Montana Sees First Case of Equine Herpes


The following is a press release from the Montana Department of Livestock:

The Montana Department of Livestock today reported that a clinically healthy horse in Gallatin County has tested positive for Equine Herpes Virus (EHV-1).

“We have a non-clinical EHV-1 positive case associated with the National Cutting Horse Association (NCHA) Western National Championships in Ogden, Utah, April 30-May 8, 2011,” said Dr. Marty Zaluski, state veterinarian. “Fortunately, this horse not only remains healthy, but has been separated from other horses since returning from Ogden.  

The horse, a 13-year-old gelding located in Gallatin County, attended the NCHA event where the initial exposure occurred. A total of 88 confirmed EHV-1 or EHM cases have been reported in 10 western states (Arizona, California, Colorado, Idaho, New Mexico, Nevada, Oklahoma, Oregon, Utah and Washington) since the event; 12 horses have either died or been euthanized following the most severe form of illness, which causes a variety of neurological symptoms

The horse has been stabled in a stall and isolated from other horses on the premises since attending the Utah event, and has been routinely tested by its owners.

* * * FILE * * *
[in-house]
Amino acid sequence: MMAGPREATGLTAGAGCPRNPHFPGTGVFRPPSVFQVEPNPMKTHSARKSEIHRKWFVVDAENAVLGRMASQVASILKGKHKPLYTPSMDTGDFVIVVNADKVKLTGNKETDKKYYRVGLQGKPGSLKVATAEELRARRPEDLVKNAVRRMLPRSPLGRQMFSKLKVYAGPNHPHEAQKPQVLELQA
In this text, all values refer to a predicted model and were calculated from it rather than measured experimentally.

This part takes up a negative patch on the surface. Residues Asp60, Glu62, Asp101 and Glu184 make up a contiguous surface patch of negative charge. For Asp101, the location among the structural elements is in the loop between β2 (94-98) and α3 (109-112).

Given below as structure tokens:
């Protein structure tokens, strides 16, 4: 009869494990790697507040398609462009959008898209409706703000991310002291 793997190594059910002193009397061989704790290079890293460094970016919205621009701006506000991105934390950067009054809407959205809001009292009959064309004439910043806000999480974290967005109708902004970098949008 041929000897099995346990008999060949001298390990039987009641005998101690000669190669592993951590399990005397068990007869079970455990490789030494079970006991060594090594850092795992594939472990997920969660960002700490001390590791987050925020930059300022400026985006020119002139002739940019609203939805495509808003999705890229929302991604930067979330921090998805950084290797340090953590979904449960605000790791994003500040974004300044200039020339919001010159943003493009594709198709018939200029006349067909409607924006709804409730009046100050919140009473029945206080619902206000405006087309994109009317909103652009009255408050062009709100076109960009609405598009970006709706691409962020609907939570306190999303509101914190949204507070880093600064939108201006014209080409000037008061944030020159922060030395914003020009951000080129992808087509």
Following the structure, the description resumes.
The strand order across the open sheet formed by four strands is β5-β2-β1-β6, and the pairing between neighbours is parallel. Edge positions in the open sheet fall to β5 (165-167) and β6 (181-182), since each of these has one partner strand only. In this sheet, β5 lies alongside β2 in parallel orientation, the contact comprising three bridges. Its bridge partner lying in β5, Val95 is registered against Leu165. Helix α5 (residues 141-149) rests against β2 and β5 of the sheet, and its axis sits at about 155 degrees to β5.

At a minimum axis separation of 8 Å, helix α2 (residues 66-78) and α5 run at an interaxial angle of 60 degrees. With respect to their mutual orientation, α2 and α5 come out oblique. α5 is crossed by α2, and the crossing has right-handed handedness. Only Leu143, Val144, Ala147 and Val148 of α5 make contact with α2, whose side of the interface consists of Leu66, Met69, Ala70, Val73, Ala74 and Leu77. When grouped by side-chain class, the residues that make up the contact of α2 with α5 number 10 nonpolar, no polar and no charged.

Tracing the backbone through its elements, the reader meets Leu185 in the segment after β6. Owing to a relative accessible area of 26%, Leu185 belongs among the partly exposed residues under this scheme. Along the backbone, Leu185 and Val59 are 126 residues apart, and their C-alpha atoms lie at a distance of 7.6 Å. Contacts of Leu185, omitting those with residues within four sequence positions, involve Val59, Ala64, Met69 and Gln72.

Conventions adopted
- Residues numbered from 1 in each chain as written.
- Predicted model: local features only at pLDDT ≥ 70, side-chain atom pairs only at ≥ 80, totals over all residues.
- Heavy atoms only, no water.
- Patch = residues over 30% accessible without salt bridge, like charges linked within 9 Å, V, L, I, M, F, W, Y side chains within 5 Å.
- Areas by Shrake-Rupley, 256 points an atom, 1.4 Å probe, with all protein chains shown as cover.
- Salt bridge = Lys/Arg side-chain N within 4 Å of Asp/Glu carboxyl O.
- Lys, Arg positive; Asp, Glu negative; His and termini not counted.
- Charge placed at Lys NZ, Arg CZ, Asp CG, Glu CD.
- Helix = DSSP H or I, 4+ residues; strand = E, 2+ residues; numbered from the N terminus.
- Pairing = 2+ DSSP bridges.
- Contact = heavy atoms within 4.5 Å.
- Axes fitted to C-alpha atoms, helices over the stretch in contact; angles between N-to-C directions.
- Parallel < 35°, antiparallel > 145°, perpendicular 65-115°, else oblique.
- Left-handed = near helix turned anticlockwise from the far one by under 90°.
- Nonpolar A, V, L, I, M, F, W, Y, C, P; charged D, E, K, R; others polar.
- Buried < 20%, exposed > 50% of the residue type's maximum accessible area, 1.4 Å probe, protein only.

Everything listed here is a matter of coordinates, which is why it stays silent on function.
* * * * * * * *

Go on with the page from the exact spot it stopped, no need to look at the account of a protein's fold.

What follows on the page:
EHV-1 can cause a wide range of symptoms, from a complete lack of clinical signs to fever, nasal discharge or more serious neurological symptoms, at which point it is characterized as Equine Herpesvirus Myeloencephalopathy (EHM).  Incoordination, hind-end weakness, lethargy, urine dribbling and diminished tail tone are frequent signs of EHM. Acute paralytic syndrome is another possible consequence, which results in high mortality.

The virus is easily spread by airborne transmission, horse-to-horse contact and by contact with nasal secretions on equipment, tack, feed and other surfaces. People can spread the virus to horses by means of contaminated hands, clothing, shoes and vehicles.

Zaluski said event coordinators and participants need to be aware of the disease and take extra precautions.

“Any public event always carries some degree of risk, and horse owners and event coordinators should be aware of common signs of disease,” Zaluksi said. “Specific guidelines for event organizers and coordinators can be found on our web site (”

Equine owners who are concerned about the safety of their animals should consider monitoring the temperature of their animals twice daily for 7-14 days. Horses with a rectal temperature greater than 101.5 should be considered febrile and a veterinarian should be consulted. Event organizers should consider requiring temperature records for participation in events.

For additional information, please see:

Guidelines for Event Organizers,

USDA-APHIS EHV-1 Information,

Source:  MT Department of Livestock

Posted by Haylie Shipp


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